Elections observers of the OSCE/ODIHR and European Parliament said today the second round of local elections “was generally well administered but continued polarization coupled with escalation of negative rhetoric adversely affected the process.”
The joint observation mission found that the Election Day, October 30, was generally calm, but “with a few instances of confrontation between party supporters outside polling stations.”
Observers said the voting and counting were overall assessed positively despite some procedural issues, particularly during the counting.
The joint statement voiced concern over “persistent practice of representatives of observer organizations acting as party supporters, at times interfering with the process, and groups of individuals potentially influencing voters outside some polling stations.”
As for the run-up to the second rounds, international observers noted that candidates were generally able campaign freely, but allegations of intimidation and pressure on voters persisted.
According to preliminary conclusions, the campaign was competitive but had a “prominent national focus,” overshadowing local issues.
“Sharp imbalances in resources, and an undue advantage of incumbency further benefited the ruling party and tilted the playing field,” ODIHR and European Parliament observers stressed, adding that “the transparency and accountability of campaign finance were reduced by insufficient oversight.”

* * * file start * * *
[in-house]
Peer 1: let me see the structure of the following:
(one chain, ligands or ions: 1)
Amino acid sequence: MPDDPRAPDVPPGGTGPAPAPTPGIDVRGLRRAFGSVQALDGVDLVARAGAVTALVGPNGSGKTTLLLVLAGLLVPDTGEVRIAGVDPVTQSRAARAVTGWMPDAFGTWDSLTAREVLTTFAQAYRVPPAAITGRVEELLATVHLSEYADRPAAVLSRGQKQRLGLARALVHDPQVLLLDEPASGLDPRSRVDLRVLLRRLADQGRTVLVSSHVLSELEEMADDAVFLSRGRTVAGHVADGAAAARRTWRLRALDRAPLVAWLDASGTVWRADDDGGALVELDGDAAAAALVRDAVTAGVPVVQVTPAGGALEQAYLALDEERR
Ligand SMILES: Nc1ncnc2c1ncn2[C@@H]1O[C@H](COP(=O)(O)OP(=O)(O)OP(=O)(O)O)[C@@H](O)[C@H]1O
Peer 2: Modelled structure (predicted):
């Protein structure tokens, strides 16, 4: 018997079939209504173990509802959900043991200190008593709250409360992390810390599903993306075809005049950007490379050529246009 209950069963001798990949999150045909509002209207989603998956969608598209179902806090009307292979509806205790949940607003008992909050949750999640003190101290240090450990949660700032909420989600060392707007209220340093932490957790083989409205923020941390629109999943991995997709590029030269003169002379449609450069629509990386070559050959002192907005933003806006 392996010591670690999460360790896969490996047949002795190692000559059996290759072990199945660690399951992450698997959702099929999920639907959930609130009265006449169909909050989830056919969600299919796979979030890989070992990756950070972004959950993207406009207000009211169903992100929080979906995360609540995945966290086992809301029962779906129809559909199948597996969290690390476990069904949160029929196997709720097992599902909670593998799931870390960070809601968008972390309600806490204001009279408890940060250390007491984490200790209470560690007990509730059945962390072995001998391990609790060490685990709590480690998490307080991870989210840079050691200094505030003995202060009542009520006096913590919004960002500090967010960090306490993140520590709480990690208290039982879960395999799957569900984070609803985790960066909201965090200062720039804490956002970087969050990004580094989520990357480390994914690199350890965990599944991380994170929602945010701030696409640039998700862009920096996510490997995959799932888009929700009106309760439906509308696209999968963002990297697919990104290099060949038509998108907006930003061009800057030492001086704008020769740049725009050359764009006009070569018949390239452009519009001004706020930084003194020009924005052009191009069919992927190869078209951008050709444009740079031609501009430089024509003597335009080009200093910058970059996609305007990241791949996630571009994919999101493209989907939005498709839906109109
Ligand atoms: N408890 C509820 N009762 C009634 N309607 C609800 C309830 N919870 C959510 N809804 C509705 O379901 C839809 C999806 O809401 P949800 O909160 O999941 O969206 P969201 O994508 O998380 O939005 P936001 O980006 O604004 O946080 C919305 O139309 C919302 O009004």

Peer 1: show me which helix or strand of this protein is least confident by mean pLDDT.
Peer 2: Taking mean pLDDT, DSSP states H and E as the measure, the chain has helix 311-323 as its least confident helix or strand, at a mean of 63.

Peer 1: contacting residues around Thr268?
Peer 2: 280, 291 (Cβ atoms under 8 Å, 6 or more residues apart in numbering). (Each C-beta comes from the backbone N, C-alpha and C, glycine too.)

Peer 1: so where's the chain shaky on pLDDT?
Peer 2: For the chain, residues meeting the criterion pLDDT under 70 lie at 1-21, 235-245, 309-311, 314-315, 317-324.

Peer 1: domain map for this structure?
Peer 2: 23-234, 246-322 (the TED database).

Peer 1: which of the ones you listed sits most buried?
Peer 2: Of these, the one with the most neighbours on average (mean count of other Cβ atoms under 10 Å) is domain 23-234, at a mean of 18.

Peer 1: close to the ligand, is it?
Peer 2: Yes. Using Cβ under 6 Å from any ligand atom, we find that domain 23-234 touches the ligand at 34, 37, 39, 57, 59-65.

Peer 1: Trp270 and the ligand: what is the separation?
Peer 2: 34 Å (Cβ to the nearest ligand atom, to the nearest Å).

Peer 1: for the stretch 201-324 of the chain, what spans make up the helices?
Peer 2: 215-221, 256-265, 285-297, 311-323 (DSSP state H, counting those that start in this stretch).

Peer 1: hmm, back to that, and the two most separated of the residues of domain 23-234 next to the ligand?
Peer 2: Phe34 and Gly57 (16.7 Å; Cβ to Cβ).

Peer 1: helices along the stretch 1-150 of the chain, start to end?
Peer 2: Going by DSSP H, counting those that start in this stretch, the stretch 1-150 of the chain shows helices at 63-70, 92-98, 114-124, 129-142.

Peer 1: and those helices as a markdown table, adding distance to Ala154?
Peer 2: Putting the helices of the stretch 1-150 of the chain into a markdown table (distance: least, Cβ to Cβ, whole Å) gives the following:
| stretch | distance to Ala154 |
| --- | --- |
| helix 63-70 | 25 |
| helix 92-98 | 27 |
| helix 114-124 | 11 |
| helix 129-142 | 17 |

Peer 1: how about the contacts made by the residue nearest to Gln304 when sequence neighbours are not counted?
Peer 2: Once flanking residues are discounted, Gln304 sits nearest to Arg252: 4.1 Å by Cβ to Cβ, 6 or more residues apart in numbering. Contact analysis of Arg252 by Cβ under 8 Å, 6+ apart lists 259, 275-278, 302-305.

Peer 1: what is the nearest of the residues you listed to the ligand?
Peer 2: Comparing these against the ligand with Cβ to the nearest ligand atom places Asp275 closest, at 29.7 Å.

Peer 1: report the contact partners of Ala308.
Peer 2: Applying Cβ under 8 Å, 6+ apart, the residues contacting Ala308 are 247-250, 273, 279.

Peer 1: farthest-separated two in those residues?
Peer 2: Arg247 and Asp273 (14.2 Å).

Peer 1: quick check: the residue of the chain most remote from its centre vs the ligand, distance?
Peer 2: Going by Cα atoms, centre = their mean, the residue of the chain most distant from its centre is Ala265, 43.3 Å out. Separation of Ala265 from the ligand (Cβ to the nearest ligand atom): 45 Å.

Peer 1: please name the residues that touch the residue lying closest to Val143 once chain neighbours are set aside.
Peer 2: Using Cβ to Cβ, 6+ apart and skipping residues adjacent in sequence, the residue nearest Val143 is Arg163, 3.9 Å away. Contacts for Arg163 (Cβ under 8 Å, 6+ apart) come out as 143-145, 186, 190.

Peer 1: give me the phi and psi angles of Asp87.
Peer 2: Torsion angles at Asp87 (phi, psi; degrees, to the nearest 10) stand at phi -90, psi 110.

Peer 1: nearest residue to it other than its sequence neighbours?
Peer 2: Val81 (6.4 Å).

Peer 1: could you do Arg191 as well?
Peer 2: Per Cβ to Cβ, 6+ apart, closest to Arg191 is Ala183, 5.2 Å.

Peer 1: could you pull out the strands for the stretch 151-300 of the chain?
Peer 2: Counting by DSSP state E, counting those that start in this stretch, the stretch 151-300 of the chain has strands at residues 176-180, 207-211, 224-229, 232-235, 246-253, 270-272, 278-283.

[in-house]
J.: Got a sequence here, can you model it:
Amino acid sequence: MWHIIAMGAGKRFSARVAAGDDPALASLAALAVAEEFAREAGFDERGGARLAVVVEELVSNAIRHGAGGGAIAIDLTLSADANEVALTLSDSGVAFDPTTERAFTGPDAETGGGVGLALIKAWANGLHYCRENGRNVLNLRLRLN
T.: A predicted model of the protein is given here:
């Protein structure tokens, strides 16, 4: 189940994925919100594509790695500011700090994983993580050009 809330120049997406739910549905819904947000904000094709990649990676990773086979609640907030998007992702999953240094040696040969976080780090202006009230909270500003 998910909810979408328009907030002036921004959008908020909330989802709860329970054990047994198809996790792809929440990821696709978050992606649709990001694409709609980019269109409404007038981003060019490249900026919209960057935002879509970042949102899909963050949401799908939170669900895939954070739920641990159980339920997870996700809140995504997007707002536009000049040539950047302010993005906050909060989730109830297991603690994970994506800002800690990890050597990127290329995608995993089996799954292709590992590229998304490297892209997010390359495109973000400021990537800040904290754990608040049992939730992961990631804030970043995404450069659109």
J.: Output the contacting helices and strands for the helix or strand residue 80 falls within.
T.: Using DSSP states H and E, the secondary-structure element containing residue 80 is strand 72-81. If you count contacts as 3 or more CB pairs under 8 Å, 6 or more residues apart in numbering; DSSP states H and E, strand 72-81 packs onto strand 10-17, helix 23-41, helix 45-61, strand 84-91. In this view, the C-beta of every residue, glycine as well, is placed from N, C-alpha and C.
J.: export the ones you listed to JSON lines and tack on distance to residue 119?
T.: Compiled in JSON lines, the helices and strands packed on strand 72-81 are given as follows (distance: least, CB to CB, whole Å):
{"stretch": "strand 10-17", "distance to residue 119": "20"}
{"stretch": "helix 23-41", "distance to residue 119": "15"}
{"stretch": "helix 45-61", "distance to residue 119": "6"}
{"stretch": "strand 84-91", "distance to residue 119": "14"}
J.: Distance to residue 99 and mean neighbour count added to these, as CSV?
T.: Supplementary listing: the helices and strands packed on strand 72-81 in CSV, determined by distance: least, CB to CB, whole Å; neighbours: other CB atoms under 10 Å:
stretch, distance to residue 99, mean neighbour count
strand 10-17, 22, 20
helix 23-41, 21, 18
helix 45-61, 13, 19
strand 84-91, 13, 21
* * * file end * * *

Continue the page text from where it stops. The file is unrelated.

Continuing on media environment, the observation missions highlighted that private televisions demonstrated “a high level of polarization and clear bias, limiting the voters’ ability to make an informed choice.”
Remarks by mission heads
Head of ODIHR election observation mission, Albert Jónsson, stressed that “while these elections were well organized and transparent, there were a number of shortcomings that became evident in the run-up to the second round as the tone of the political debate became increasingly confrontational and claims of pressure and intimidation continued.”
He said the purpose of ODIHR observation is to contribute to the democratic processes, but it is “then for the authorities to act upon our recommendations.”
Inese Vaidere (EPP, Latvia), Head of the European Parliament delegation said “we witnessed once again that national politics and the aggression it took precedence over local issues, which made it more difficult for voters to form a genuine understanding of the policies represented by the candidates.”
She noted that very few candidates in the runoffs were women, something she expects to “change in the time to come.”
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